In a game of high stakes political poker, Carmelo Garcia, state Senator Brian Stack and the Hudson County Democratic Organization pulled the fat out of the fire, managing to eke out an appeal that allows Garcia to remain on their slate for state Assembly candidate in the upcoming Democratic primary in the 33rd District.
The big loser in this is Hoboken Councilman and rival candidate Ravi Bhalla, who is allegedly behind a legal maneuver by five Hoboken residents to have Garcia dumped from the ticket because the New Jersey Administrative Code prohibits people in federal employment from seeking state elected office. While the federal government revised the Hatch Act earlier this year to make it easier for employees like Garcia to run for statewide office, the state administrative code – which mirrors the original Hatch Act – was never changed. Thus, an earlier court ruling invalidated Garcia’s candidacy. In his appeal, however, the court ruled that it was the intent of the state to be in step with the federal law, not more restrictive, and allowed Garcia to run.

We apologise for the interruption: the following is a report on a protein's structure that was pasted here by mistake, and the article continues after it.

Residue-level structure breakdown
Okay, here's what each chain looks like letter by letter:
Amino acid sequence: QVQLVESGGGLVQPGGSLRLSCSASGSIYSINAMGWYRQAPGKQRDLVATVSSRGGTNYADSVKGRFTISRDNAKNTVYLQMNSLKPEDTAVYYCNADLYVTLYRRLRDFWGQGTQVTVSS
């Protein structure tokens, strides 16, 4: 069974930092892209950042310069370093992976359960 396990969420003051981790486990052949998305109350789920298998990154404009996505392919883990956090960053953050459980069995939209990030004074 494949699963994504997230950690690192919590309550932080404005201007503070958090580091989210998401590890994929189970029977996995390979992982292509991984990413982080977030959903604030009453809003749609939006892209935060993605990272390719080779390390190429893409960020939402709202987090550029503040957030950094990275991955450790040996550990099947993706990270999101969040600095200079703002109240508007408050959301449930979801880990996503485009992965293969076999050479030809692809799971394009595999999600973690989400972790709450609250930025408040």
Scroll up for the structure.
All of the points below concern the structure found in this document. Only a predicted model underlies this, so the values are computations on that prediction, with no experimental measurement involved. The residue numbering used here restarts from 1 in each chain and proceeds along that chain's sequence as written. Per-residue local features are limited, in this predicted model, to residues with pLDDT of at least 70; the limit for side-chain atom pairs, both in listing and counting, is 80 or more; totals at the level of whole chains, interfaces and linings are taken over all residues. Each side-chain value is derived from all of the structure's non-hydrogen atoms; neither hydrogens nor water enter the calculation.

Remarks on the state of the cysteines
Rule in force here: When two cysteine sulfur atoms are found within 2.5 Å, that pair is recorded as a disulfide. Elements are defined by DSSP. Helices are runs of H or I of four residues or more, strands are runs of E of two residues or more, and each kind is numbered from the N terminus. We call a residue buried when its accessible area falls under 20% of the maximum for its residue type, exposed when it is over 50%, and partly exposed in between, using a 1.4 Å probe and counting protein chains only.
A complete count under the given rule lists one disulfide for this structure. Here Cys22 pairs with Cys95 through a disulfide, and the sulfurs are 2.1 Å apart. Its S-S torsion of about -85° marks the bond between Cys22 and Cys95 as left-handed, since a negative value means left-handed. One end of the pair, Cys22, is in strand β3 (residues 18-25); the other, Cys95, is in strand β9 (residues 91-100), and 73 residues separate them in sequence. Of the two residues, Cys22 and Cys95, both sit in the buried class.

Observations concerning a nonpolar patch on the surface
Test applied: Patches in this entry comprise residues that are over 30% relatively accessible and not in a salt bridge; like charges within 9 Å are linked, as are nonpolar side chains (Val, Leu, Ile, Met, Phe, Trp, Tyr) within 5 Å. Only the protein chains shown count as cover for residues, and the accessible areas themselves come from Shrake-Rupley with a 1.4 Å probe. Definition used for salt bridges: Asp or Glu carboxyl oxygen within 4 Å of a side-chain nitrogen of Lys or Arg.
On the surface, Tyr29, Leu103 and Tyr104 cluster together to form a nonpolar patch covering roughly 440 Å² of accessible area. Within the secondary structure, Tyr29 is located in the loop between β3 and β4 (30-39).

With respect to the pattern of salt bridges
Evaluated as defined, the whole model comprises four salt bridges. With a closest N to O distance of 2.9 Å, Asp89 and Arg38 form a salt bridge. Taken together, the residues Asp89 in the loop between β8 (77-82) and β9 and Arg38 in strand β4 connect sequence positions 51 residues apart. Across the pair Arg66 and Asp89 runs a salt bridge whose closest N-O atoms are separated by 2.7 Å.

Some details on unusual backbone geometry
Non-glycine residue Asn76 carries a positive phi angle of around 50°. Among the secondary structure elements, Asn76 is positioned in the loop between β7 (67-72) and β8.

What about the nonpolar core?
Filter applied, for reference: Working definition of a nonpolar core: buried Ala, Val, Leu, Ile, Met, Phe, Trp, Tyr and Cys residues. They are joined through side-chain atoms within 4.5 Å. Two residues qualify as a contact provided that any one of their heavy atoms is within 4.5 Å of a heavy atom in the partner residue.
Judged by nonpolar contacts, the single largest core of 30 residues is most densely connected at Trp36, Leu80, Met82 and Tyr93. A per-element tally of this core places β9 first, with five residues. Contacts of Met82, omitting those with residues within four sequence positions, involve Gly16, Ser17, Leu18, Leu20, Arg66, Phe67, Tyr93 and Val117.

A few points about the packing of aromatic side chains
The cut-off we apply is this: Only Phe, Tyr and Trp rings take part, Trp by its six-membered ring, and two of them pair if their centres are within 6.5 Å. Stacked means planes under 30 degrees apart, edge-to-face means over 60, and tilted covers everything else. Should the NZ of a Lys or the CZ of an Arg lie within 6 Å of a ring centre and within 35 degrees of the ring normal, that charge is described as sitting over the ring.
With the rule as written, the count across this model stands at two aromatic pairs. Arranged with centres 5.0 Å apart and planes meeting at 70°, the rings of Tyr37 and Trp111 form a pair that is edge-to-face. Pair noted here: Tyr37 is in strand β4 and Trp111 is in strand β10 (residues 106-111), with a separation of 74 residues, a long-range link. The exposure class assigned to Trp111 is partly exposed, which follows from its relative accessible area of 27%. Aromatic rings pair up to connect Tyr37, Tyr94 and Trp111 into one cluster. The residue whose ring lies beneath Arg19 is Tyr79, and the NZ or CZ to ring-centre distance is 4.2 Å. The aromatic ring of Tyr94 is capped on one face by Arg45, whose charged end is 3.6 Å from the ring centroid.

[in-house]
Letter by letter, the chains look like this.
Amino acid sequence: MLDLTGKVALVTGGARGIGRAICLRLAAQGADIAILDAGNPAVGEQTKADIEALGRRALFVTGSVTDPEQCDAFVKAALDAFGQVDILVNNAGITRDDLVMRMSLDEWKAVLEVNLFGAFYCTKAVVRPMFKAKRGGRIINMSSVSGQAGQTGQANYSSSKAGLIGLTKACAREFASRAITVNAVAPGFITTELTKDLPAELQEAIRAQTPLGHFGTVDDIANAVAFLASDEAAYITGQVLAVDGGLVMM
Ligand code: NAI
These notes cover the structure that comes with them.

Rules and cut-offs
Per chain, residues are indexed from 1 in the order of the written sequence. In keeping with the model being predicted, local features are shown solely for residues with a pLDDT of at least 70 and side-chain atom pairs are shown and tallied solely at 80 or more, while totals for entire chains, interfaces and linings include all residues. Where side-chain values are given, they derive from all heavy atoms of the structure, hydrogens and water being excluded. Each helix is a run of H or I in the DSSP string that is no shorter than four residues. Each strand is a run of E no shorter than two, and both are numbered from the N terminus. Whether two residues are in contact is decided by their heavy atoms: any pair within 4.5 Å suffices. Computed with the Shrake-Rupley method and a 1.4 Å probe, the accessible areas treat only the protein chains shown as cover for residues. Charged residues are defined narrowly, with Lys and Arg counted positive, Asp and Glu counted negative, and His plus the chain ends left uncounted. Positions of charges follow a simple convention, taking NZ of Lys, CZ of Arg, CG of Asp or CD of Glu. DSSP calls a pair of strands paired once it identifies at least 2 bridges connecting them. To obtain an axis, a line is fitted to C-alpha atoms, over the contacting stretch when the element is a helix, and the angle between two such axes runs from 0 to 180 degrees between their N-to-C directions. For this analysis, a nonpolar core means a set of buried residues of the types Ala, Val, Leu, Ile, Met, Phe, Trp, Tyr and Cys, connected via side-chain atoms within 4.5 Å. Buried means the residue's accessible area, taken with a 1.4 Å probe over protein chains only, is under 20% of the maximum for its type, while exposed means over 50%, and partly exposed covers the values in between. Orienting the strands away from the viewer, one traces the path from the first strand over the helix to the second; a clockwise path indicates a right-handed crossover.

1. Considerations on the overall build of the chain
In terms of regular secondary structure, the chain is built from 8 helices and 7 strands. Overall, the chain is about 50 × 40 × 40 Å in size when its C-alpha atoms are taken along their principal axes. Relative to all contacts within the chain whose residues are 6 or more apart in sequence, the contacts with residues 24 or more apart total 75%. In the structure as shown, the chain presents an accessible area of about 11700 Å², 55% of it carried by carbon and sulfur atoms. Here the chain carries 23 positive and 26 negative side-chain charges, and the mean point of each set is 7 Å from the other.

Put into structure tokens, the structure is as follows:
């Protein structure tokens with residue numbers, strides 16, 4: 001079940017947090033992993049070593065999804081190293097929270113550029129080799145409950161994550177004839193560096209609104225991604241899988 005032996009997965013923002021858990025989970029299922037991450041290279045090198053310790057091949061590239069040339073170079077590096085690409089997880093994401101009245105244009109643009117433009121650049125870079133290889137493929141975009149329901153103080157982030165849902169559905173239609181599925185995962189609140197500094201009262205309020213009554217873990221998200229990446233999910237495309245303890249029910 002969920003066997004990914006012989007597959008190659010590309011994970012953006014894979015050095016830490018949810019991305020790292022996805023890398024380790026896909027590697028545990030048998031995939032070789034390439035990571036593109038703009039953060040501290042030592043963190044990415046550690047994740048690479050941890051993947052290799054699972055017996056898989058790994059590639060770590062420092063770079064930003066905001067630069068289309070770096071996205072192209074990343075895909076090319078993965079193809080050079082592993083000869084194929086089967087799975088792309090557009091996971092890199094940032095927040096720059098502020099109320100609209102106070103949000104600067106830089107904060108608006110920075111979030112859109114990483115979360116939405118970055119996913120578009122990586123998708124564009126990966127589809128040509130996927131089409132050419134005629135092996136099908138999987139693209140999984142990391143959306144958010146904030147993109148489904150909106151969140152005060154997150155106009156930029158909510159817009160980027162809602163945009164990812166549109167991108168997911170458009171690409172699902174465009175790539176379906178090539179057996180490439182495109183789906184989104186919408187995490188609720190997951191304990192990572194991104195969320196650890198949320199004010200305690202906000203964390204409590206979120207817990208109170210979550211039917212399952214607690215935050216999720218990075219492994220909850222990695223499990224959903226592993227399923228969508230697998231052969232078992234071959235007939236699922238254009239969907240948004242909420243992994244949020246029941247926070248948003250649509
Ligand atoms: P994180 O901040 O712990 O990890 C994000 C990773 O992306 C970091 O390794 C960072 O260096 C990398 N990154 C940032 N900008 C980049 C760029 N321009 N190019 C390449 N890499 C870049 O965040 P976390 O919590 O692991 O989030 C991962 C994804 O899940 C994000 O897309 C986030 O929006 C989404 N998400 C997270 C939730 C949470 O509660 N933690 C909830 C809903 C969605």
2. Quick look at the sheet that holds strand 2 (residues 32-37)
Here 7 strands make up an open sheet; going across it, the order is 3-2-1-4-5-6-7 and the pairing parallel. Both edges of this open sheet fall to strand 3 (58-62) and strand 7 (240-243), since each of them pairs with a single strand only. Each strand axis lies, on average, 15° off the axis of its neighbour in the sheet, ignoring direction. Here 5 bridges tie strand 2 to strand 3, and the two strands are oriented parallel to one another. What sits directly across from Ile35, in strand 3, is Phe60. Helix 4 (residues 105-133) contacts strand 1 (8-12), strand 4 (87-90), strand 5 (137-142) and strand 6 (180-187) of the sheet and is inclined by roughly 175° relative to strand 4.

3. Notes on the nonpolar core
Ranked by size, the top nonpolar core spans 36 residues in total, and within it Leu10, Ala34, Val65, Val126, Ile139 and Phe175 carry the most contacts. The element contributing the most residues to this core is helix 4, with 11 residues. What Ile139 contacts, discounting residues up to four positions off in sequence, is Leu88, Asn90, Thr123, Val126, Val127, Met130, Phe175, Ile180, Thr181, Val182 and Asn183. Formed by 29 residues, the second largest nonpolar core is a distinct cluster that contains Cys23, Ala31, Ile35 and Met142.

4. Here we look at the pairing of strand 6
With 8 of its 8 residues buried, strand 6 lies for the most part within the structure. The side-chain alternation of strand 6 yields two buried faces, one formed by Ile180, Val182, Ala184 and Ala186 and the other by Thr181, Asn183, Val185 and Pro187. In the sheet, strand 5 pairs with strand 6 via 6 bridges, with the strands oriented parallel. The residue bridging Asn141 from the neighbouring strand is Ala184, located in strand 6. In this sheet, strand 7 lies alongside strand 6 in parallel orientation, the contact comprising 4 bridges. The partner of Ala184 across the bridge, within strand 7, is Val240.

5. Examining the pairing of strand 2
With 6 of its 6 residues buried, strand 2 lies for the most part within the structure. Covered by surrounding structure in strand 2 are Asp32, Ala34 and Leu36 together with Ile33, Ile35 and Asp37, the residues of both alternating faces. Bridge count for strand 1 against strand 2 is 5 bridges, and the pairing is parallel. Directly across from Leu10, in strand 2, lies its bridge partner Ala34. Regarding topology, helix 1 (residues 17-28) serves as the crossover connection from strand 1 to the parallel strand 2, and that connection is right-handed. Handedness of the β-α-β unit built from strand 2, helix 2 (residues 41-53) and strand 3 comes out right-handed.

And running on Stack’s ticket almost guarantees Garcia a primary and general election victory. Barring the end of the world before November, he will likely take his place as an elite member of the state Assembly next January.
This is Bhalla’s second attempt to get a foothold in state level government. Two years ago, he also ran as an independent, and while not running with Stack, his literature showed a picture of him and Stack as if he was.
This loss in the lower court has not stopped the politically ambitious Bhalla. The attorney representing the plaintiffs confirmed on Thursday he will appeal the case to the state Appellate Division to halt printing of the ballots, one step away from a state Supreme Court appeal. This gives Bhalla the hope that he can win there an election he – as an independent Democrat – won’t likely win at the polls. And would it be in the best interest of the voters for him to disqualify Garcia, when it is clear federal legislators felt they wanted to make it easier to run?